6 MIN READ
Nepal went to local election today, Friday, May 13, 2022, with much fanfare and a lot of optimism. These are just the second local polls since the country transitioned to a federal model in 2017, so they are supremely important for the health of the new governance structure.
In Nepal, elections take on a festive air. Everything closes down for the day as voters throng voting centers to exercise their franchise. This year, young, independent candidates from around the country have galvanized the youth vote, leading more first-time voters to go to the polls. There is palpable excitement and hope for a new, younger leadership, especially in the metropolitan cities. But given the hold that Nepal’s traditional parties like the Nepali Congress and CPN-UML exercise over voters, along with the Nepali public propensity to vote reliably along family party lines, there is also some pessimism as to whether there will be any real change.
“I am voting for a woman in as many positions as possible this time,” said 63-year-old Narayan Poudel from Tokha Municipality. “If I had been a voter in Kathmandu city, I would’ve voted for lauro.”
Lauro, or walking stick, is Kathmandu independent mayoral candidate Balen Shah’s election symbol.
But voter turnout among the youth was still noticeably low, at least in the polling centers that The Record visited. Most voters were seen to be middle-aged men and women with young people a minority.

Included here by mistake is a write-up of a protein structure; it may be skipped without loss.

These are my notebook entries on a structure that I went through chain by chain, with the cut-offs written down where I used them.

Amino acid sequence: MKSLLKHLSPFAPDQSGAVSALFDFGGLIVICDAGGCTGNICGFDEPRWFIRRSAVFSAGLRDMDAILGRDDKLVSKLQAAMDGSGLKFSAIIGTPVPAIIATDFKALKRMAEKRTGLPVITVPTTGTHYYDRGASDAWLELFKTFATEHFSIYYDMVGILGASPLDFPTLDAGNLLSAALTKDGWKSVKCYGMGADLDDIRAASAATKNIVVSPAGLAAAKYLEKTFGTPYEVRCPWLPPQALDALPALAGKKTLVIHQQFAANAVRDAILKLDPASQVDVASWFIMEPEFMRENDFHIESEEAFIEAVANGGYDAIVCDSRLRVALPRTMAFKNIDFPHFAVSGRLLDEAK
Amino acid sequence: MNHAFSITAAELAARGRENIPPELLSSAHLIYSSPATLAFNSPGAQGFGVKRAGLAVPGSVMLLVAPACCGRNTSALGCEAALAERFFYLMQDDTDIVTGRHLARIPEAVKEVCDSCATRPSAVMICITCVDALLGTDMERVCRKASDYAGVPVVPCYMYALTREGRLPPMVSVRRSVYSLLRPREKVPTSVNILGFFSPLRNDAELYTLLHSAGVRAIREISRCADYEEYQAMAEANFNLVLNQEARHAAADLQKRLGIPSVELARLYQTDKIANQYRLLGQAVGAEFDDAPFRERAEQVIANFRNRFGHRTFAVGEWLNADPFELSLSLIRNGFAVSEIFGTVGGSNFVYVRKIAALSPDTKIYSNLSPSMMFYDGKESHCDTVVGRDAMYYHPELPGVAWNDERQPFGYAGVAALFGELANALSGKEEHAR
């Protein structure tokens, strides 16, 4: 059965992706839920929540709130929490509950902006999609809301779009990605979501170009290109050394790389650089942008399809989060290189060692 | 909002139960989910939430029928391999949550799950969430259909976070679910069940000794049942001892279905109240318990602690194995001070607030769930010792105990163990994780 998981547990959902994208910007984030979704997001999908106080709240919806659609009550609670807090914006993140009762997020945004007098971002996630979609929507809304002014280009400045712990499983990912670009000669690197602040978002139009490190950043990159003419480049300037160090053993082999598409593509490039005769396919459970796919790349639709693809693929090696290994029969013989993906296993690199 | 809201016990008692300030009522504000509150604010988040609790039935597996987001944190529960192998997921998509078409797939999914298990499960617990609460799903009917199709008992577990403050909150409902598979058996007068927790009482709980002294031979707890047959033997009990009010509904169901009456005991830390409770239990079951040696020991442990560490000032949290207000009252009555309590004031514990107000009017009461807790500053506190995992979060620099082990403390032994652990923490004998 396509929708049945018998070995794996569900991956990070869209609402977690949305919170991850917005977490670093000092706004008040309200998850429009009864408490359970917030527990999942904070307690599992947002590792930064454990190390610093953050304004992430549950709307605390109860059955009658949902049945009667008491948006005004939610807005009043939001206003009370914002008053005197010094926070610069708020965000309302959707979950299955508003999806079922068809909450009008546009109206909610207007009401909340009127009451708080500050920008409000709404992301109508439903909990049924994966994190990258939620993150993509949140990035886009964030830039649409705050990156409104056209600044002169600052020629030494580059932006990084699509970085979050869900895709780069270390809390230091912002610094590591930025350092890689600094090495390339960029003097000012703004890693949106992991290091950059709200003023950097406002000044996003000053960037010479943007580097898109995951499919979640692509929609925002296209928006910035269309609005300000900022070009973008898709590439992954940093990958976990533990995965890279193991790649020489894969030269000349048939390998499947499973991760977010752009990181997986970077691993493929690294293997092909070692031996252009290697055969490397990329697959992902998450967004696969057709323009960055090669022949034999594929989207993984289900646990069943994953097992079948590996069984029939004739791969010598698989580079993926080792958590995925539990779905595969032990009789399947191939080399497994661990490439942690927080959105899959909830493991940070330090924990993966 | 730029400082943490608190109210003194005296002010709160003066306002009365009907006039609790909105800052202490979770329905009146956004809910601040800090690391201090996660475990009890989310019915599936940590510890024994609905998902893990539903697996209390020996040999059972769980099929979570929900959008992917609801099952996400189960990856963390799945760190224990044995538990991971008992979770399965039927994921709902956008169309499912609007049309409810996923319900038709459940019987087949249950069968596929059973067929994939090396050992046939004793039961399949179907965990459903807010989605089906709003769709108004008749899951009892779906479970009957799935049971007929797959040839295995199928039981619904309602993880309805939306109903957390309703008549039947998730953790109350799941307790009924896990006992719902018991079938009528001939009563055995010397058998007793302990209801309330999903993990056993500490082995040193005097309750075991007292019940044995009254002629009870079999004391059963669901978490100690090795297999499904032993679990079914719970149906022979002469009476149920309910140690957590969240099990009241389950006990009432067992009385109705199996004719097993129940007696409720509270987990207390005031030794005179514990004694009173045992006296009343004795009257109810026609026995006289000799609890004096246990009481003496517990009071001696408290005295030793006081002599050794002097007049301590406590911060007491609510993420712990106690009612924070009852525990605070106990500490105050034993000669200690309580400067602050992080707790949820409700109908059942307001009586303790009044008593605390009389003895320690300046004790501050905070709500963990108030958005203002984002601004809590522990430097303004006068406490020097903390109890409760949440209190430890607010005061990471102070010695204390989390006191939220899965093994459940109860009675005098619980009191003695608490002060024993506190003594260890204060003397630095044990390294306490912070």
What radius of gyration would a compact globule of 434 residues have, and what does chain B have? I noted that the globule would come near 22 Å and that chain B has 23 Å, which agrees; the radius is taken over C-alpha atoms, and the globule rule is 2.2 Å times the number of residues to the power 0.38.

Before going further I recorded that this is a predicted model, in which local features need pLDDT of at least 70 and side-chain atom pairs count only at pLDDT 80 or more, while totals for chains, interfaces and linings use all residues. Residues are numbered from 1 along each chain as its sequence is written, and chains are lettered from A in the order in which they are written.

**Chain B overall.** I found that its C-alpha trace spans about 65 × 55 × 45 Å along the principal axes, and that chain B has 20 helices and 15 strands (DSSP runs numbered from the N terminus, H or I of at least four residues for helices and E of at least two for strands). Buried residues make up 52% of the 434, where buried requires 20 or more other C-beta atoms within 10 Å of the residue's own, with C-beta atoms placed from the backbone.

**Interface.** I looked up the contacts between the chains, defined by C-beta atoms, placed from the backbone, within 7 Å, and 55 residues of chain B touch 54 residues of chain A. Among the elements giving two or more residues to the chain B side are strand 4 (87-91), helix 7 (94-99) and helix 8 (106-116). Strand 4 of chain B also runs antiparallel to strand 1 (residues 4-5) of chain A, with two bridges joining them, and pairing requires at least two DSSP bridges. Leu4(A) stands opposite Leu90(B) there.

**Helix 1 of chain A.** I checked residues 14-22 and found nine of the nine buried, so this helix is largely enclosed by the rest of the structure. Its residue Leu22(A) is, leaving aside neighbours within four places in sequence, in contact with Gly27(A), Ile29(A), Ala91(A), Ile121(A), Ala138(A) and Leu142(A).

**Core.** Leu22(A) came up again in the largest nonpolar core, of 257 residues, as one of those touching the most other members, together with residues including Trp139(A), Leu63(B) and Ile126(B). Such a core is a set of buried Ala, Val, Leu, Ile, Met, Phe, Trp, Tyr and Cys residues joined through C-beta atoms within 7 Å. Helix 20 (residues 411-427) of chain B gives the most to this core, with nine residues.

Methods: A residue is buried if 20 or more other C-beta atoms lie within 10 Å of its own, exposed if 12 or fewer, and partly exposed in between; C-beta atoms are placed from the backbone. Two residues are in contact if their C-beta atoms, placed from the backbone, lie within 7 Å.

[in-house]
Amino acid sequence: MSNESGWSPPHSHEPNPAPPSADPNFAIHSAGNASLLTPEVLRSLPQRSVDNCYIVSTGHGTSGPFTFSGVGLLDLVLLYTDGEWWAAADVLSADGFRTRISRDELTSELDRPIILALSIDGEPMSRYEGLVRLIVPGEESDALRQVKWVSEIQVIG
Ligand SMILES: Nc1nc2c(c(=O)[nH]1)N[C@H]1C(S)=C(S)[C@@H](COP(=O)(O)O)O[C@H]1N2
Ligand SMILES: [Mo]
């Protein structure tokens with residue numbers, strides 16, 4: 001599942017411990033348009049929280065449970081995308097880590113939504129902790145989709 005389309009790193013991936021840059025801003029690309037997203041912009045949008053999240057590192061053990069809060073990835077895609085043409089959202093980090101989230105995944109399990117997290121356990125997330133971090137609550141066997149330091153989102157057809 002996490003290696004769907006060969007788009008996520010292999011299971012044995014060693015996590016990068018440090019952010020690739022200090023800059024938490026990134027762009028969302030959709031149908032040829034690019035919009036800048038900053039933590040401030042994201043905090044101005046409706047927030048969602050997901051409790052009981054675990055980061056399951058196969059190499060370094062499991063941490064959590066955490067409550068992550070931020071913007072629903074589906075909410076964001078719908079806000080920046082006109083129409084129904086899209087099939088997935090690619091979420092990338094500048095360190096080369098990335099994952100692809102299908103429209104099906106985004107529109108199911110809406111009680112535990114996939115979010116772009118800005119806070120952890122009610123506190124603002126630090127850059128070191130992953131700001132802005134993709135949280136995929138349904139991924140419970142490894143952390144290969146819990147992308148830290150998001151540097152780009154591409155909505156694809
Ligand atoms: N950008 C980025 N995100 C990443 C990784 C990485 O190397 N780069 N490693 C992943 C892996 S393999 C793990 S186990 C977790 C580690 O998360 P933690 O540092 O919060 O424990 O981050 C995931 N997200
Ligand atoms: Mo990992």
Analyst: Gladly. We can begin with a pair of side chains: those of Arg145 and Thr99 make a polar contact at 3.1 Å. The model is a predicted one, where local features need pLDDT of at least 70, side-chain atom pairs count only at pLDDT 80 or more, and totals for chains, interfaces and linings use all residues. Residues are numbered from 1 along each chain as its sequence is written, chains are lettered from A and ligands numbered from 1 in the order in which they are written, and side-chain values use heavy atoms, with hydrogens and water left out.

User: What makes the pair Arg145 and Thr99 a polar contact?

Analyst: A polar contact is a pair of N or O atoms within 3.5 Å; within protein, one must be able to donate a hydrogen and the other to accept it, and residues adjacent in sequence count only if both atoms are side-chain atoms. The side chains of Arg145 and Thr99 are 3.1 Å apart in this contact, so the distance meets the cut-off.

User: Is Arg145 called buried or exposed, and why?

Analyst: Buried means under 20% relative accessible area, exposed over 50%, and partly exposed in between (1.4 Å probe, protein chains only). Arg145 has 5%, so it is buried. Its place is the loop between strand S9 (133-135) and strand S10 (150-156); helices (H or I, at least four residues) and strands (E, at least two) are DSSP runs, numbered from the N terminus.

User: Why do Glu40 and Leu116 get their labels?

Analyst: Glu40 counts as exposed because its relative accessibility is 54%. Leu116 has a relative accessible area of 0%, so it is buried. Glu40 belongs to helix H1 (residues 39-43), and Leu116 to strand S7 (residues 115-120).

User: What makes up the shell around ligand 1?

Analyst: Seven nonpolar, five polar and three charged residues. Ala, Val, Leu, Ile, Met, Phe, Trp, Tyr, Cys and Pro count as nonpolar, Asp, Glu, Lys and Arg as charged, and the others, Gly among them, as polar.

Ganesh Maharjan, 53, came to vote with his sister-in-law and his son.
“We’re excited to be here, especially my son because it is his first time voting,” said Maharjan, a resident of Lalitpur Metropolitan City, Ward No. 20.
Not wanting to disclose who his family will be voting for, he said, “Bhagwan lai mageko kura aru lai bhanyo bhane pura hudaina jastai ho.” (If you tell people what you’ve asked god for, it won’t come true.)
Malina Awale, 50, too came to vote with her husband, both of whom had no issues saying who they had voted for – CPN-UML candidates.
“My sons are both abroad so they can’t vote but my husband and I are here to represent our family,” said Awale, also a resident of Lalitpur-20.
Voting in Kathmandu was quick and relatively easy. Queues were not particularly long, with priority given to the elderly, people living with disabilities, and pregnant women. Representatives of the parties and candidates themselves were present at the polling stations but were forbidden from campaigning explicitly by the Code of Conduct.
Shubhan Kumar Shrestha, former ward chair of Kathmandu-25, slyly said, “The pen is mightier than the sword,” a reference to the CPN-UML (Unified Socialist)’s election symbol, the pen.
Most voters expressed a desire to see local development and said they were choosing people that they knew from the neighborhood.
“One of the candidates for ward member is my neighbor so if he wins, I can easily go to him with any issues I have,” said Nanu Dawadi of Tokha-7.
In Lalitpur too, voters prioritized changes that they could see in their neighborhoods.
“I put my stamps on the ‘tree’ because Chiri Babu [Maharjan, the current mayor] did a good job last time,” said Ramesh Shrestha. “Let’s see what happens now. As long as the mayor and the ward chairman belong to the same party and have the same agenda, people like us will be happy. It’s just development we want for our localities.”